Master this classic custard sauce, and you’ll never see dessert the same way again! Try it over berries, bread pudding, pound cake—or even as a decadent “dunk” for simple cookies.
|1||vanilla bean, split|
Set a wire mesh strainer over a spacious, heat-resistant bowl, then set that bowl in a larger bowl half-filled with ice.
- Place the half-and-half in a heavy-bottomed pan set over medium heat. Add the split vanilla bean and bring to a simmer.
- Remove the vanilla bean halves and scrape the microscopic seeds into the mixture. Reserve the bean pods for another use.*
- Bring the half-and-half back up to a simmer, watching closely to ensure that it doesn’t boil over.
- Whisk the egg yolks and sugar together in a spacious, heat-tolerant bowl until the sugar dissolves and the mixture is pale yellow.
- Temper the yolks by slowly adding one cup of the hot half-and-half mixture while whisking vigorously.
- Reduce the heat to medium-low and whisk the tempered yolks into the saucepan, creating custard. Stir constantly until the custard thickens slightly and coats the back of a wooden spoon. Crème Anglaise should be slightly thicker than heavy cream. It is important to stop cooking as soon as you reach the desired consistency.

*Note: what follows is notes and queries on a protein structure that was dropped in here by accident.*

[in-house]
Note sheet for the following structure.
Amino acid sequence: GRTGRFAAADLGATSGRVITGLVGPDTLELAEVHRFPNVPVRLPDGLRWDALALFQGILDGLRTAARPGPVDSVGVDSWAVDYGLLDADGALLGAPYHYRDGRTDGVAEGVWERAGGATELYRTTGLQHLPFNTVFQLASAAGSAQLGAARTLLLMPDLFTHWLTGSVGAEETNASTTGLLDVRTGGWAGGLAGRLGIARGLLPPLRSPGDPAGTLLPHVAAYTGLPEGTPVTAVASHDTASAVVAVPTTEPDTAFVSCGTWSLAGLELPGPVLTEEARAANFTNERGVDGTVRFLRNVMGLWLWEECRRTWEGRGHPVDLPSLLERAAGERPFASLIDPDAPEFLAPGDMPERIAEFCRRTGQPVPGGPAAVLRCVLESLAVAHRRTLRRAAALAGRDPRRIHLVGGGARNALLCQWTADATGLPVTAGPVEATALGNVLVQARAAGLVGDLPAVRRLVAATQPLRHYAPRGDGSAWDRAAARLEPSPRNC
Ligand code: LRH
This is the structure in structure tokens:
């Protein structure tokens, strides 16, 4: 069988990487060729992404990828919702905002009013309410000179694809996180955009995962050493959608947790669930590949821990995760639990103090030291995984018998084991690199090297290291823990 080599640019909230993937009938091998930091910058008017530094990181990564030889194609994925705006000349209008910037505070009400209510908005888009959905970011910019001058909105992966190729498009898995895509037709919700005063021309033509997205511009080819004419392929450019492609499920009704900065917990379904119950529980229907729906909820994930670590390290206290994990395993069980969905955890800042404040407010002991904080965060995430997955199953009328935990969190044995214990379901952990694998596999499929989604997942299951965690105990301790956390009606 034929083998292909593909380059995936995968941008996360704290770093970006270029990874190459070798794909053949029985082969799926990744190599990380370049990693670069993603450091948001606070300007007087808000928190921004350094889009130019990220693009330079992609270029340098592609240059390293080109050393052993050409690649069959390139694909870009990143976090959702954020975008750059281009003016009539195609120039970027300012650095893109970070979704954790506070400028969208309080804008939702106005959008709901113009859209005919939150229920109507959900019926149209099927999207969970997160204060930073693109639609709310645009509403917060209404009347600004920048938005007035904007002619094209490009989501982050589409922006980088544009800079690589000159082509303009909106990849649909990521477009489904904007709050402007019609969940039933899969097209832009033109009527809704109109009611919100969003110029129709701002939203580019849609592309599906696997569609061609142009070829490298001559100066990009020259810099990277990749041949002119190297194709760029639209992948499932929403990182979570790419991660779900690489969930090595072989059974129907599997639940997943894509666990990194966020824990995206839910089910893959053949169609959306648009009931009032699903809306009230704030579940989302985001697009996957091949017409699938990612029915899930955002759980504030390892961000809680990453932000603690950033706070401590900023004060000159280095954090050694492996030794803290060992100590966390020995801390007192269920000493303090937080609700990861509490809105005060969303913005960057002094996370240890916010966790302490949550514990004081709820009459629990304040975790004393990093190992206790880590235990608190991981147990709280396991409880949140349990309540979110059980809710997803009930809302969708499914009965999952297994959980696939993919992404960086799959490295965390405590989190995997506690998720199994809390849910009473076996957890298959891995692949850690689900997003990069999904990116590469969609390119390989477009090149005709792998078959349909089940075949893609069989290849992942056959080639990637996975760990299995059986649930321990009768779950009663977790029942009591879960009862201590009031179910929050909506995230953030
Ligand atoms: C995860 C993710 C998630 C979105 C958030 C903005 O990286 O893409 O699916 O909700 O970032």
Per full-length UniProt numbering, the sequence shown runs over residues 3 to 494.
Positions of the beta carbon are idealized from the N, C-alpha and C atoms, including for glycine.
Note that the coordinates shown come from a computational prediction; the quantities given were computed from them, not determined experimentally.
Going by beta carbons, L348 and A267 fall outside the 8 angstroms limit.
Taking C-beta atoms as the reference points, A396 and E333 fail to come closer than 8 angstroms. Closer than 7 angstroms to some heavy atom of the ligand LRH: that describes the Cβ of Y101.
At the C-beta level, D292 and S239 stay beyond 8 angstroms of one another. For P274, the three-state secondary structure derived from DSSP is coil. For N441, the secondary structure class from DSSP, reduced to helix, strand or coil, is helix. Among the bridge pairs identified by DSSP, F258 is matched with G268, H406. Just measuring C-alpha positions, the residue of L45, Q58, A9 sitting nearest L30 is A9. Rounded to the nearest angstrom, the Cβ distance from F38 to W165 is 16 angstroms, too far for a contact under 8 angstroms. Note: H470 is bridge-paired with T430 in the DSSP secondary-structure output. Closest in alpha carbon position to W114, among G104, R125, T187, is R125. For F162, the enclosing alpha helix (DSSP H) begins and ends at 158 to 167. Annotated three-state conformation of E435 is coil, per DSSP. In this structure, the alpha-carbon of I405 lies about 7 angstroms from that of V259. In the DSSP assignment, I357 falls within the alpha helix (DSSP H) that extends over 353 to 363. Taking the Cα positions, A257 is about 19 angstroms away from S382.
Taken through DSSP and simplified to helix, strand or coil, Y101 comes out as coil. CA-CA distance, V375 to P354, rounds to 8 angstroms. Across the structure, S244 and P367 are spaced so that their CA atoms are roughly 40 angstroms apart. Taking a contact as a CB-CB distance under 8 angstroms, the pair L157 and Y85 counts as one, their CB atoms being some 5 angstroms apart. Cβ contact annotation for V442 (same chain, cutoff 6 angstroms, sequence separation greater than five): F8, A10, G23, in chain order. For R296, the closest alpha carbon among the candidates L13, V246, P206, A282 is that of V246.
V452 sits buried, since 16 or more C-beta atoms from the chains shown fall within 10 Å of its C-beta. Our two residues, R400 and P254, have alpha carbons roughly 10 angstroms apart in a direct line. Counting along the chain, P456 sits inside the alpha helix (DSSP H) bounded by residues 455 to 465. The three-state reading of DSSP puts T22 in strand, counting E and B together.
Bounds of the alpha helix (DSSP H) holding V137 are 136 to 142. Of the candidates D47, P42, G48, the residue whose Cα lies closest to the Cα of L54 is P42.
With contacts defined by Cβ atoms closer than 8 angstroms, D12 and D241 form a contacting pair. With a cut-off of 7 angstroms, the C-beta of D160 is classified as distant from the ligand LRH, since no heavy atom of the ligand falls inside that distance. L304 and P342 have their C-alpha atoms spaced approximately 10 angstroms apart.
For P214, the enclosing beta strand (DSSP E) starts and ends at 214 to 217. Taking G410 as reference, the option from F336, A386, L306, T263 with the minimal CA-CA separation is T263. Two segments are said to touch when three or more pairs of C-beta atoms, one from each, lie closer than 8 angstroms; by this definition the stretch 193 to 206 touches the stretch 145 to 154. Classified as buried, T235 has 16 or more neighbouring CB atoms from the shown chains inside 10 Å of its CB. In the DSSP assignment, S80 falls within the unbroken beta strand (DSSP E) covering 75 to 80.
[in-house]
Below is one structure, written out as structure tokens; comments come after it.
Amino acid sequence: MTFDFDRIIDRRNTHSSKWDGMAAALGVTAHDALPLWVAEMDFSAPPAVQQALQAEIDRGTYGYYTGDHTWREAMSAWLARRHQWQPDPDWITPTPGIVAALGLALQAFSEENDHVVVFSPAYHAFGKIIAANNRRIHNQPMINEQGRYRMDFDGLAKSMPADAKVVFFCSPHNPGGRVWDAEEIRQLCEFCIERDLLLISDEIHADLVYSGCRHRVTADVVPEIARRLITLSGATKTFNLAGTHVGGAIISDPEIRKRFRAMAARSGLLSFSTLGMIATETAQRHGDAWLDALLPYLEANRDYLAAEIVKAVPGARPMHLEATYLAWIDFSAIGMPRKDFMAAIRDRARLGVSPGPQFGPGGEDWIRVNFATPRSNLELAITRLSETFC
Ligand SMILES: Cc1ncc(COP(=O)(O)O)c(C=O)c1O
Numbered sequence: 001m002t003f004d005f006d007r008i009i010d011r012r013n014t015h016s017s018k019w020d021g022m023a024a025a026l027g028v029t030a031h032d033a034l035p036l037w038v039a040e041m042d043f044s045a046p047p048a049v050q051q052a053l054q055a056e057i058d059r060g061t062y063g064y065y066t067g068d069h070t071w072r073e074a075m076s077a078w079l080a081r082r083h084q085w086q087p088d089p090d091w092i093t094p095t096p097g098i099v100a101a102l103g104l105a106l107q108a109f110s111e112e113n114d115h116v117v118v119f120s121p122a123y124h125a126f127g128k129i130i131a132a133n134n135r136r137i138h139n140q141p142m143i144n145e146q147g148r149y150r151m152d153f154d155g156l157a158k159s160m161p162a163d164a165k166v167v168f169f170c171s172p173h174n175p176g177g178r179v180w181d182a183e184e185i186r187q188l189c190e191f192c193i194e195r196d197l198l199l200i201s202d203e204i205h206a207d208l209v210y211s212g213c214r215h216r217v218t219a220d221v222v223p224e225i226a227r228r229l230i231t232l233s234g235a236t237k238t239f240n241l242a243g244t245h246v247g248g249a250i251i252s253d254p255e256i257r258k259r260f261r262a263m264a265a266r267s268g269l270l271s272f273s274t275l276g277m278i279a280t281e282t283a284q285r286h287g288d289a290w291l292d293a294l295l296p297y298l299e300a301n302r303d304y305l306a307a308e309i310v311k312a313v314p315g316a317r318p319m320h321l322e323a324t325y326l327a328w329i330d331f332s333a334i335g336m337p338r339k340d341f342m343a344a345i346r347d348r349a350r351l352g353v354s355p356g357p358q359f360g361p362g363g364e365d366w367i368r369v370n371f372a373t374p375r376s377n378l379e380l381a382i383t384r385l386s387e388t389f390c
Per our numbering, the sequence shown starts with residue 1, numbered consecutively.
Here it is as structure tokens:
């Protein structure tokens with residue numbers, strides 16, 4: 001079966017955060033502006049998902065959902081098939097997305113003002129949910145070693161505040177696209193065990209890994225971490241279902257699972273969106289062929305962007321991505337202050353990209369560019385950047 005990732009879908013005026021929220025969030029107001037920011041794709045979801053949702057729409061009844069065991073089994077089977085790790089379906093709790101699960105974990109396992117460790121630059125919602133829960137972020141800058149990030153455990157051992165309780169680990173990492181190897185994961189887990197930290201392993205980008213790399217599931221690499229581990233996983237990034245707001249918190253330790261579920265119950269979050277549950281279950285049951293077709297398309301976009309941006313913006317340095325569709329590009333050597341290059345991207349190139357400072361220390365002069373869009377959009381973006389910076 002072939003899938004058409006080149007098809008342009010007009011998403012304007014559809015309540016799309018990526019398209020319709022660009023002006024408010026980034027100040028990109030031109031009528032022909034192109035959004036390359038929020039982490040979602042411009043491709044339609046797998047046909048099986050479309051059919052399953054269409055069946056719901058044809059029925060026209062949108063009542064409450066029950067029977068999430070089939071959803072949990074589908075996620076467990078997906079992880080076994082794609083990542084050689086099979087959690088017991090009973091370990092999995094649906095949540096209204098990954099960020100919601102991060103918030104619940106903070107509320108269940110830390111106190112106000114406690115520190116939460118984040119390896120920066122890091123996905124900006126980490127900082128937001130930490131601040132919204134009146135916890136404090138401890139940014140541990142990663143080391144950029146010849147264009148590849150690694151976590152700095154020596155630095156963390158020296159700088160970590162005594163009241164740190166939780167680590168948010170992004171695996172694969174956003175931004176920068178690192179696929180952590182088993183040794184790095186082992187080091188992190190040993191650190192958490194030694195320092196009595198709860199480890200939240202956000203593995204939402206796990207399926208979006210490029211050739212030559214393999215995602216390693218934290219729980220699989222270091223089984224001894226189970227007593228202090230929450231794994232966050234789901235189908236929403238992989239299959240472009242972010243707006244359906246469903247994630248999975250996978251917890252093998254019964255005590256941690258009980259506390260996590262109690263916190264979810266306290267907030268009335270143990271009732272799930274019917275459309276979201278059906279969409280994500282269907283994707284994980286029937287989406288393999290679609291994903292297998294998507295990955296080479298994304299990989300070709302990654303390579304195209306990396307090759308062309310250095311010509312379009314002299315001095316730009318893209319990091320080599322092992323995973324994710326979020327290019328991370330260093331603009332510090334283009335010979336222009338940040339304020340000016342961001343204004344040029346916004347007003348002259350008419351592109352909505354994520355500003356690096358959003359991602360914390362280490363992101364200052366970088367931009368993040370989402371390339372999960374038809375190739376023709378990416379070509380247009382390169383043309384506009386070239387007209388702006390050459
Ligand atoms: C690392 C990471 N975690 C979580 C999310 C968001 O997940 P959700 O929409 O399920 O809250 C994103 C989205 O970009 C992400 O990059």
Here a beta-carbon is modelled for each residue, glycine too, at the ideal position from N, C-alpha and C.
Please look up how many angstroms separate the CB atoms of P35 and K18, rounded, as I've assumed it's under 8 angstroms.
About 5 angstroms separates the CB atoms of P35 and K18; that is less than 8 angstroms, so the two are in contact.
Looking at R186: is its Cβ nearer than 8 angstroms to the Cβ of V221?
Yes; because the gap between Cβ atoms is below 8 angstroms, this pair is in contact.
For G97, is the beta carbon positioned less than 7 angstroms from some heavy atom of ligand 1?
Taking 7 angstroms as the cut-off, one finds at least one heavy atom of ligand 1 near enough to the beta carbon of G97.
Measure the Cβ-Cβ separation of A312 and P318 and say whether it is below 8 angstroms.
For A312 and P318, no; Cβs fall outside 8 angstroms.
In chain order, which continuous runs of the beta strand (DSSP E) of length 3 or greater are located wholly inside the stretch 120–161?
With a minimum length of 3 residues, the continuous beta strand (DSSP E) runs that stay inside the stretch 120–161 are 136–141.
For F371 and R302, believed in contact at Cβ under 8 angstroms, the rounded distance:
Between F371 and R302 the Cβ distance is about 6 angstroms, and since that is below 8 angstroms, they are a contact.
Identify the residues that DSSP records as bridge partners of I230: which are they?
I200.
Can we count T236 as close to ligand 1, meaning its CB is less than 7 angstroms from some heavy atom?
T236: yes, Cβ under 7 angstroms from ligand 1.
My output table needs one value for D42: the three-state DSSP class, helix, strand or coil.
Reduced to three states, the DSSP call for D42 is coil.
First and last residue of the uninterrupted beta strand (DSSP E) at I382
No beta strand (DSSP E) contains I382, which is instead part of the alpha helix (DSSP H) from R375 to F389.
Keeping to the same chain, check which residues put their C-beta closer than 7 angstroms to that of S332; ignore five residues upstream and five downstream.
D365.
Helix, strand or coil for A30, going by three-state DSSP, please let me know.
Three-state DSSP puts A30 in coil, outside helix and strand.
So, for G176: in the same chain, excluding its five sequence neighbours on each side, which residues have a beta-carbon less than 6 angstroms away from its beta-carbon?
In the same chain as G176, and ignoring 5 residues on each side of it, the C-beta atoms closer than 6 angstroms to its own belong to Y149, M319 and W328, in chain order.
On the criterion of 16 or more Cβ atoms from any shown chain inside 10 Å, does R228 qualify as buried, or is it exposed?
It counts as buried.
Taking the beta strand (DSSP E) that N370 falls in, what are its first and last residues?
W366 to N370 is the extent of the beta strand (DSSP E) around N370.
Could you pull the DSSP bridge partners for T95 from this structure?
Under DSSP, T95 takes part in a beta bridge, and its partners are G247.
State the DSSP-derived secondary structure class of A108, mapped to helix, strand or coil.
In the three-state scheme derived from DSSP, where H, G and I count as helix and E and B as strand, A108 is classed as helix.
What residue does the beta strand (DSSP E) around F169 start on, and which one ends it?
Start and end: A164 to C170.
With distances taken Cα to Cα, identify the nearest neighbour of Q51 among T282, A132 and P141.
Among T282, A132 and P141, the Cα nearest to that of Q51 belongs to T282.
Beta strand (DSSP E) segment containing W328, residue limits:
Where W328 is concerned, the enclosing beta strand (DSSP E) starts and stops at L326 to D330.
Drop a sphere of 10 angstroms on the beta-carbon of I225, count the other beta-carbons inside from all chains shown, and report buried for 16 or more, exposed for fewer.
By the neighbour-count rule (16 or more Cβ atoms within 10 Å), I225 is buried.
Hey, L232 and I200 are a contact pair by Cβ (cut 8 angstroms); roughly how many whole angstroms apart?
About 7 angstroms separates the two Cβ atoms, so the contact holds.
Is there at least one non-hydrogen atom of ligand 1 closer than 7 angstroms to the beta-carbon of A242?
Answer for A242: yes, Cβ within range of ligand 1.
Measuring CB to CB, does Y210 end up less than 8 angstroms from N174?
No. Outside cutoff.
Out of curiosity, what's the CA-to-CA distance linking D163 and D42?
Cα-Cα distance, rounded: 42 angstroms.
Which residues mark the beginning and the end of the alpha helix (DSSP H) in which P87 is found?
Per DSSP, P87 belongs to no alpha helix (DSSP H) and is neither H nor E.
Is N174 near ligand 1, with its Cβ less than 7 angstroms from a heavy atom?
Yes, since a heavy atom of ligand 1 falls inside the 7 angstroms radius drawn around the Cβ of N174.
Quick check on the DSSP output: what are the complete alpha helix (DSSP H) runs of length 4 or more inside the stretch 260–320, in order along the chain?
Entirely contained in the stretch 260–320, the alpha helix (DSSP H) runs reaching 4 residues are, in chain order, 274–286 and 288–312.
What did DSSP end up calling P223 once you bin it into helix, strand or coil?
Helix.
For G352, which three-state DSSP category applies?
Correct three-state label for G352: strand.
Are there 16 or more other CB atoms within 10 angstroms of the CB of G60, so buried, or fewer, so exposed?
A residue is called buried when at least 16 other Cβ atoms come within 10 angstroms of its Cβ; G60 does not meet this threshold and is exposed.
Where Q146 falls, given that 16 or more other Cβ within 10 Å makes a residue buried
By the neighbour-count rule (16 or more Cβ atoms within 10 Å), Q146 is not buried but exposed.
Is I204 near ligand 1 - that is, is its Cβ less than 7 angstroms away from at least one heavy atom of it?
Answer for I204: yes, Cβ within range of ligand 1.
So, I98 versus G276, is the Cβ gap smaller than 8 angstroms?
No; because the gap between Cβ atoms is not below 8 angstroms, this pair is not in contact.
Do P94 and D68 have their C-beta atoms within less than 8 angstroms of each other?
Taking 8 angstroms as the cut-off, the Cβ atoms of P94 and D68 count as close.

- Immediately strain the mixture into the clean bowl set over ice.
- Cool to room temperature, then refrigerate until ready to serve.
Note: Crème Anglaise can be tricky, and may curdle if you don’t work swiftly enough at the end of the cooking process. If the cooled sauce isn’t perfectly smooth, don’t panic; just pass it through a fine strainer again.
*Rinsed and thoroughly dried, the pods are perfect for making vanilla sugar. Just fill a jar with sugar, place the pod deep into the center, and secure the lid. Let the flavor develop for several weeks then lift the lid and smell the incredible fragrance. Vanilla sugar is wonderful in custards, cookies and cakes—and as a treat in your tea or coffee.